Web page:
It can be hard to get it right all of the time. So much regulation, so many pressures in work – revenue to deliver, costs to trim, organisations to deal with, people to manage. Too often there can be pressures to cut corners, and in those grey areas, well they are a bit grey why not use that to your advantage?
A few years ago a junior colleague in an organisation I then worked for came to me to talk through a proposal. It would be improper to go into too much detail, but commission was due under an exclusive arrangement with a third party. It was an online deal and with a couple of minor technical changes there was a tenuous technical argument for saying that the commissions would not be due on some revenues. On this basis, the suggestion was we need not tell the third party, who may well not find out, and if they did there was an argument the commission was not payable. The young colleague had come for a steer.
Of course lots of contracts don’t consider every eventuality (that is one reason we often end up with litigation) and lots of situations have grey areas.
In these types of instance I find three questions really useful in ensuring you follow the right path.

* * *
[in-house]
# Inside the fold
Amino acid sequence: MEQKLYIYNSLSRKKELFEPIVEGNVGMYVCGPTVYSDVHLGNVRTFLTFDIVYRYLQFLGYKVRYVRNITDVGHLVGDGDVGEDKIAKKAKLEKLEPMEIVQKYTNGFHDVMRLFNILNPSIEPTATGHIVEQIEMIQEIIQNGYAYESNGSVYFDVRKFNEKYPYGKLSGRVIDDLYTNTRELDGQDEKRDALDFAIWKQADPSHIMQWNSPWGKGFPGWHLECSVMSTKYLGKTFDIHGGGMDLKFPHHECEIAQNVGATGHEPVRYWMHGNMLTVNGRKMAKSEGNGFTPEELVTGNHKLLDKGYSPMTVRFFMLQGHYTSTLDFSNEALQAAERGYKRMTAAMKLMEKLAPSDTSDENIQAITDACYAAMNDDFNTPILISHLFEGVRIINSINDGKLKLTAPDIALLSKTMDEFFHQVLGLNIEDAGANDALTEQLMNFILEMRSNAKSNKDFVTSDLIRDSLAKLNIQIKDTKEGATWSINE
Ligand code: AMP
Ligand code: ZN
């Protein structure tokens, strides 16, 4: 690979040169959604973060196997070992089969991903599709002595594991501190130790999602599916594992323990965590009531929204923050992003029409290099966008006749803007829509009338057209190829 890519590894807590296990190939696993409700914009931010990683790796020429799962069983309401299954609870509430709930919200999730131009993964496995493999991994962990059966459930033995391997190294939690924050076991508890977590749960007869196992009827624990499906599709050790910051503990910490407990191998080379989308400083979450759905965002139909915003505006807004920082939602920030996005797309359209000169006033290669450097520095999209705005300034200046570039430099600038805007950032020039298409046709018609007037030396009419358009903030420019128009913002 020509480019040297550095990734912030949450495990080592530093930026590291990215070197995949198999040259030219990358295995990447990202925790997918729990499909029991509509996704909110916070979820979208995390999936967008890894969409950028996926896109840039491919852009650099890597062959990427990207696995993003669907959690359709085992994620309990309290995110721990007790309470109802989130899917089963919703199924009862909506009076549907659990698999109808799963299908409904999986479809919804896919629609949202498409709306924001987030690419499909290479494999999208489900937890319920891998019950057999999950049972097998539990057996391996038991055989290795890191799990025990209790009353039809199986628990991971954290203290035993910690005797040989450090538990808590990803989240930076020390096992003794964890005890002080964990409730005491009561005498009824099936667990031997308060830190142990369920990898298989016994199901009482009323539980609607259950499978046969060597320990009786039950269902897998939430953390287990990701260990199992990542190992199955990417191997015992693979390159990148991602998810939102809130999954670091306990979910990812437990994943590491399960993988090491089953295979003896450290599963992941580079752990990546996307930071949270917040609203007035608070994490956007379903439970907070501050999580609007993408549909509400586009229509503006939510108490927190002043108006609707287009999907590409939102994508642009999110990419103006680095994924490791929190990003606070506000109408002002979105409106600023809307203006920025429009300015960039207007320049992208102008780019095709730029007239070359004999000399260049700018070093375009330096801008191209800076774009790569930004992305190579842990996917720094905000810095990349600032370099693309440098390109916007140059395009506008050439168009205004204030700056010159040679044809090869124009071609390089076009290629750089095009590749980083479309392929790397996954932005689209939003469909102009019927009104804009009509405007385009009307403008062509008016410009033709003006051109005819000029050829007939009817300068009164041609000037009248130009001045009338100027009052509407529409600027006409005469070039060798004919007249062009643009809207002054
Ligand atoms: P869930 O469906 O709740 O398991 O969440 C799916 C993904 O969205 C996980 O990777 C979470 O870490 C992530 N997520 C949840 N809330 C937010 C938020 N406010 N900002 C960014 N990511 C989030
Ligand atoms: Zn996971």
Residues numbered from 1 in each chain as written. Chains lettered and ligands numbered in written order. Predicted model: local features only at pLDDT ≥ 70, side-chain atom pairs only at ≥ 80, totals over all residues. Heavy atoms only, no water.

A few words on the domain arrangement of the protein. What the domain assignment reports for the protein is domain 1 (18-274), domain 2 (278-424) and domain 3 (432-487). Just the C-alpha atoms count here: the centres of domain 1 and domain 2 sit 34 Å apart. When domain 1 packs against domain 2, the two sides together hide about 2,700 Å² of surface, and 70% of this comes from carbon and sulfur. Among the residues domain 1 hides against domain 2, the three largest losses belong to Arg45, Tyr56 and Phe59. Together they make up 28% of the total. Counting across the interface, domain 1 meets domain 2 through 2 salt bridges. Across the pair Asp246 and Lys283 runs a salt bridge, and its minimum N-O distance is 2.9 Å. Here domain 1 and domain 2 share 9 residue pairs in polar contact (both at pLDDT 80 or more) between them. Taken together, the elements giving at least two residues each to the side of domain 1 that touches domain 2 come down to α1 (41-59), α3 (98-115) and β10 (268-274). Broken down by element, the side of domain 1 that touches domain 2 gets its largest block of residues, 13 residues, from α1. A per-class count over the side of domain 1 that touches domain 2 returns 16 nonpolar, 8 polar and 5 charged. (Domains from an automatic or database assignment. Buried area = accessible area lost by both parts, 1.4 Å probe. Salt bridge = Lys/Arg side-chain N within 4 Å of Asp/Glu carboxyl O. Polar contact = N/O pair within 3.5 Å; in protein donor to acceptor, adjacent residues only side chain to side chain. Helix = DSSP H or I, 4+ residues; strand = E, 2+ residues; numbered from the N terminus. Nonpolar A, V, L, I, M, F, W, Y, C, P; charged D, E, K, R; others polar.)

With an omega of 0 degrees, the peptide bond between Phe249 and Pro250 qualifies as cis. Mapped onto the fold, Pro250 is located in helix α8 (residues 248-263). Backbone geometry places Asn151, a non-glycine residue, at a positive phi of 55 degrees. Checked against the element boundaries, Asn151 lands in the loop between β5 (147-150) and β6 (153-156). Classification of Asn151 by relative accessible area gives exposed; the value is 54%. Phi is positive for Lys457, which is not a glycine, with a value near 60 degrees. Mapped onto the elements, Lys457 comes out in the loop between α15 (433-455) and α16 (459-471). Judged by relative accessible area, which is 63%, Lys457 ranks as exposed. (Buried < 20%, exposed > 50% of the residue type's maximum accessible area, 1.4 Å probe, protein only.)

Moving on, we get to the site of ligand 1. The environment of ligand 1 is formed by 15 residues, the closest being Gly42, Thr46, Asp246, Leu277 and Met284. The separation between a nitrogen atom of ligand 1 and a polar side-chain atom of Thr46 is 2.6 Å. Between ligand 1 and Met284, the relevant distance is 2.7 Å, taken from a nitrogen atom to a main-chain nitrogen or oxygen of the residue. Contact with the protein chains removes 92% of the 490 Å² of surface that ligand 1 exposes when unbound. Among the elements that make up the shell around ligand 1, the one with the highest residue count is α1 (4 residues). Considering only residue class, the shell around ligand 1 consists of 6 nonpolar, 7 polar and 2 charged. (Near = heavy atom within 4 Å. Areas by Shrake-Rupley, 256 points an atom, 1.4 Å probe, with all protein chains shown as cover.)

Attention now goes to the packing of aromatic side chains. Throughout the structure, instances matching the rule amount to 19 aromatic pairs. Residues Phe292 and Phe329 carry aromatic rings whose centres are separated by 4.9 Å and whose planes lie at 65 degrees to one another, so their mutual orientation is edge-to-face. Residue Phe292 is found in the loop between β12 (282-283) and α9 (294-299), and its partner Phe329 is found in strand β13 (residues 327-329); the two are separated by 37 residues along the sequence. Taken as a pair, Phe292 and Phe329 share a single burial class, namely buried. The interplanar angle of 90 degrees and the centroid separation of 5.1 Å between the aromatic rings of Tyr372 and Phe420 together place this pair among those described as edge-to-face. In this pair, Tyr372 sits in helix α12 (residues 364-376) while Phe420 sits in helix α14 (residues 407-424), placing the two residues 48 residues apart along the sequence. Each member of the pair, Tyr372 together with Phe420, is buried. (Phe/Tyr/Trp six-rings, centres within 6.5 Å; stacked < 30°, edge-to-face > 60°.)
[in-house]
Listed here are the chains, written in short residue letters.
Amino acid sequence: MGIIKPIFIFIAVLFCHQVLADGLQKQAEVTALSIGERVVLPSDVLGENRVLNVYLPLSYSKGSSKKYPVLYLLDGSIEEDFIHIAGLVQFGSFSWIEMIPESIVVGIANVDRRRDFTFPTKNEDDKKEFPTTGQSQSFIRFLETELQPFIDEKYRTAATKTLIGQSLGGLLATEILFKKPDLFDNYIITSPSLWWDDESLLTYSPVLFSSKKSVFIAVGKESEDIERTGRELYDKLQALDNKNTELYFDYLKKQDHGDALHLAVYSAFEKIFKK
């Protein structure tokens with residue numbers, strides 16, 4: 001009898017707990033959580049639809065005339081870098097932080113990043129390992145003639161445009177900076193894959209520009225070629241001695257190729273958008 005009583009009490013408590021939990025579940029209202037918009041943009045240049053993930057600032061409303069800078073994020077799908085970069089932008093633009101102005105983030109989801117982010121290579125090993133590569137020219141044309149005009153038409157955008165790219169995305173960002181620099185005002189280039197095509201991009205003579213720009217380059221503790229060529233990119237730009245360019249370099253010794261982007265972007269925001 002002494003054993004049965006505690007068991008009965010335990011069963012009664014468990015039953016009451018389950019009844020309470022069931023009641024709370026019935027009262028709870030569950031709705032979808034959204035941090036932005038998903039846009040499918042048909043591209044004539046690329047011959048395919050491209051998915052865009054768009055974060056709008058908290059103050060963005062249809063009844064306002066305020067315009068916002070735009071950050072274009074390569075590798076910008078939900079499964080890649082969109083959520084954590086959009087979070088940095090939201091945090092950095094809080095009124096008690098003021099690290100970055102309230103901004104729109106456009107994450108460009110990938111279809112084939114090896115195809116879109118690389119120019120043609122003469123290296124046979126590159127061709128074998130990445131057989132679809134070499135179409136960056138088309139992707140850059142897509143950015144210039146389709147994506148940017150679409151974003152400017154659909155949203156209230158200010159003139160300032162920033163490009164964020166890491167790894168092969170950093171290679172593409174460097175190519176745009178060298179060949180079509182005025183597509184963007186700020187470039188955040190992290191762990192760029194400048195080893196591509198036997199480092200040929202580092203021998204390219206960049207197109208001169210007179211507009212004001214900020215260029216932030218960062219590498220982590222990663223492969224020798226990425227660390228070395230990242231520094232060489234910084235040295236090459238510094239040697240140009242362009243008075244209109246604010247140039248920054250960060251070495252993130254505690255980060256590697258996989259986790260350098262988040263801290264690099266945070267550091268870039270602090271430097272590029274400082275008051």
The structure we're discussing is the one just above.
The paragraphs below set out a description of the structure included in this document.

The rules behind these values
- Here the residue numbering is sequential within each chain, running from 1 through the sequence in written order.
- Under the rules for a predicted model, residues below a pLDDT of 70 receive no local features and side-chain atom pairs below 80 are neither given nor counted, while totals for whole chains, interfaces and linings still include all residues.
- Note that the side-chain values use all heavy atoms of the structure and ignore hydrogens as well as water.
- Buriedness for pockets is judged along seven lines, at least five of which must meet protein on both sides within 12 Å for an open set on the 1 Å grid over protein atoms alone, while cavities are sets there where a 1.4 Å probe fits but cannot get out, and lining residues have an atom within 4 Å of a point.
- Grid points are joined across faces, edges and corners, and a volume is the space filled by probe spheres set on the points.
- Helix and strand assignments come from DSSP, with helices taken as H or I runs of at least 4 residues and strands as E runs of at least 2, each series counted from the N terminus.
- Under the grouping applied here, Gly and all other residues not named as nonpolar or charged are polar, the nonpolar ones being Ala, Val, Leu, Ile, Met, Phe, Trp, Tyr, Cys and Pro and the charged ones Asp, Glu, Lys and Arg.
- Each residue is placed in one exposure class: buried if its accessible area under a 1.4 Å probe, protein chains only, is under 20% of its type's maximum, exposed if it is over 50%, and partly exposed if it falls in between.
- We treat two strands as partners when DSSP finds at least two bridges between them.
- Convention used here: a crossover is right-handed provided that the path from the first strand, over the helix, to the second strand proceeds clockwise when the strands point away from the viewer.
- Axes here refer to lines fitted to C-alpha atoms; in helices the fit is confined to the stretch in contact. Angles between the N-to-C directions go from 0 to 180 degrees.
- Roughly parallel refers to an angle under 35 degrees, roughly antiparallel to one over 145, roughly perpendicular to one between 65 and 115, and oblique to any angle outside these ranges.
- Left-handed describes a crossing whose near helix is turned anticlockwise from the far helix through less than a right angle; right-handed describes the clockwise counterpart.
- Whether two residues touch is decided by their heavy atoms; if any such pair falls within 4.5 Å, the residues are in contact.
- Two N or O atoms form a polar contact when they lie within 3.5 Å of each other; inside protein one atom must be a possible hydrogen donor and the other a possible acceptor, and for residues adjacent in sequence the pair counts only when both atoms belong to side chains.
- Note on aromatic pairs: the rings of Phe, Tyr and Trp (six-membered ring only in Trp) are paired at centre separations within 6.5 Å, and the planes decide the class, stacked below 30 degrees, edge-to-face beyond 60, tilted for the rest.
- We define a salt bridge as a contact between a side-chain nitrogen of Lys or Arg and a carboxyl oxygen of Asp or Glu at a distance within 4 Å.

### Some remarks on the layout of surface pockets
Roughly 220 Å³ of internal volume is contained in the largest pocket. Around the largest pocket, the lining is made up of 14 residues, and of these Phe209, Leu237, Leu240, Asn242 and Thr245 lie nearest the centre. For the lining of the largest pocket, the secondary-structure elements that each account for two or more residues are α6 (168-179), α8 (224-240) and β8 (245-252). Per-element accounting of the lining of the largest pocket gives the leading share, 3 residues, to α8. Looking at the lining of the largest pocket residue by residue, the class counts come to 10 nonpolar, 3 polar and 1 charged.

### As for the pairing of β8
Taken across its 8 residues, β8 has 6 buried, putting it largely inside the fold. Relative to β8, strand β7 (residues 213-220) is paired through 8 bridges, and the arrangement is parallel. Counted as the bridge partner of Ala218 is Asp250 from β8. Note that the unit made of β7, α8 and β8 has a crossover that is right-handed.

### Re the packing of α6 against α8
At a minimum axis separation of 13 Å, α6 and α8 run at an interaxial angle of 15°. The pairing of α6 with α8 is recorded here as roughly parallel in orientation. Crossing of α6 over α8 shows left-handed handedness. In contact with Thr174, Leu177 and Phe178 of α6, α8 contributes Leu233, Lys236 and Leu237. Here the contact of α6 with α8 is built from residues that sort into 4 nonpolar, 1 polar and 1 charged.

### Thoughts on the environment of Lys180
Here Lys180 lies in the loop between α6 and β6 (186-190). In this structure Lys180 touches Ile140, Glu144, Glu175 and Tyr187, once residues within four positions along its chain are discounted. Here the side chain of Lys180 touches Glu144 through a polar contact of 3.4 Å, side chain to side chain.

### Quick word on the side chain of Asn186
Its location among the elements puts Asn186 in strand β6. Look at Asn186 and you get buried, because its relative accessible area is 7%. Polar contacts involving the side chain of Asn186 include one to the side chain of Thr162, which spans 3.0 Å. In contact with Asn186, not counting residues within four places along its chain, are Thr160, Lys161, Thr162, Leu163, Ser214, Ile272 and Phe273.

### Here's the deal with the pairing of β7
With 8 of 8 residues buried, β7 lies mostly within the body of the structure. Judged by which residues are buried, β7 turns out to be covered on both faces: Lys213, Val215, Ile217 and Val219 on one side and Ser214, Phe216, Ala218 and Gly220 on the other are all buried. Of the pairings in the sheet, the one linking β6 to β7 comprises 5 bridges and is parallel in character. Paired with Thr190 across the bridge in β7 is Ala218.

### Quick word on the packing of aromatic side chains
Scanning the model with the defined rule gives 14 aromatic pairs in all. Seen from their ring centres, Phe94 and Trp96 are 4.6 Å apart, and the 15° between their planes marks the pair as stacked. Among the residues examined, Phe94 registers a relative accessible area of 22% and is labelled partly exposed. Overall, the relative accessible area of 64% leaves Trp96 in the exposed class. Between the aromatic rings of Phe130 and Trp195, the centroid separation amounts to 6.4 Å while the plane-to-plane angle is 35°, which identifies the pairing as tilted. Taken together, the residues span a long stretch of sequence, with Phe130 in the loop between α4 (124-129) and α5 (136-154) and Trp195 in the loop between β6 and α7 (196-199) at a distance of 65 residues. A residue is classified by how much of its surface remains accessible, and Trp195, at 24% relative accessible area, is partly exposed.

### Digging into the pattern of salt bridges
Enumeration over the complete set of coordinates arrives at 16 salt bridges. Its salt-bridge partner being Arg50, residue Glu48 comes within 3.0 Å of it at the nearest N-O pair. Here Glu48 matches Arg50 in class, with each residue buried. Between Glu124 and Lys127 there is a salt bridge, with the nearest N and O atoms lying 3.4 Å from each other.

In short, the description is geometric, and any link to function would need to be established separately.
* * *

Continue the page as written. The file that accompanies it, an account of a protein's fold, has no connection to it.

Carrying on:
• How does it feel? Do you feel as if you are doing the right thing?
  • How would you feel if you were on the flipside? If you were on the flipside of the transaction would you feel as if you had been treated fairly and ethically?
  • Would you feel comfortable for all actions being public? Would you be happy for all of the facts to be in the public arena without selective presentation, partial redaction or a few selective lapses of memory?

For me if you are failing on any of these questions you are probably on the wrong path. I sent my colleague away with the questions. 24 hrs. later they returned “It’s not the right thing is it”. I hope the approach had left them with a new tool for life rather than an answer to one question.
Of course, in my example there would be no harm in picking up the phone to the partner to say “we have this opportunity, it seems a bit of a grey area, can we agree you get half or normal commission for this area of business as it involves little work by you – benefits us all”.
This brings us to the Fish Test of our title. Cooking is for me a great way to unwind, and without being too prosaic, the most universally practiced form of art. When cooking fish there is a very simple rule – whatever the packet or shop said – if it does not smell right then leave it. I would argue that all of the above can be summed up by applying that rule to business, to how you deal and to who you deal with. If it does not smell right, forget the small print just don’t do it.
Right just off to cook Sunday tea!

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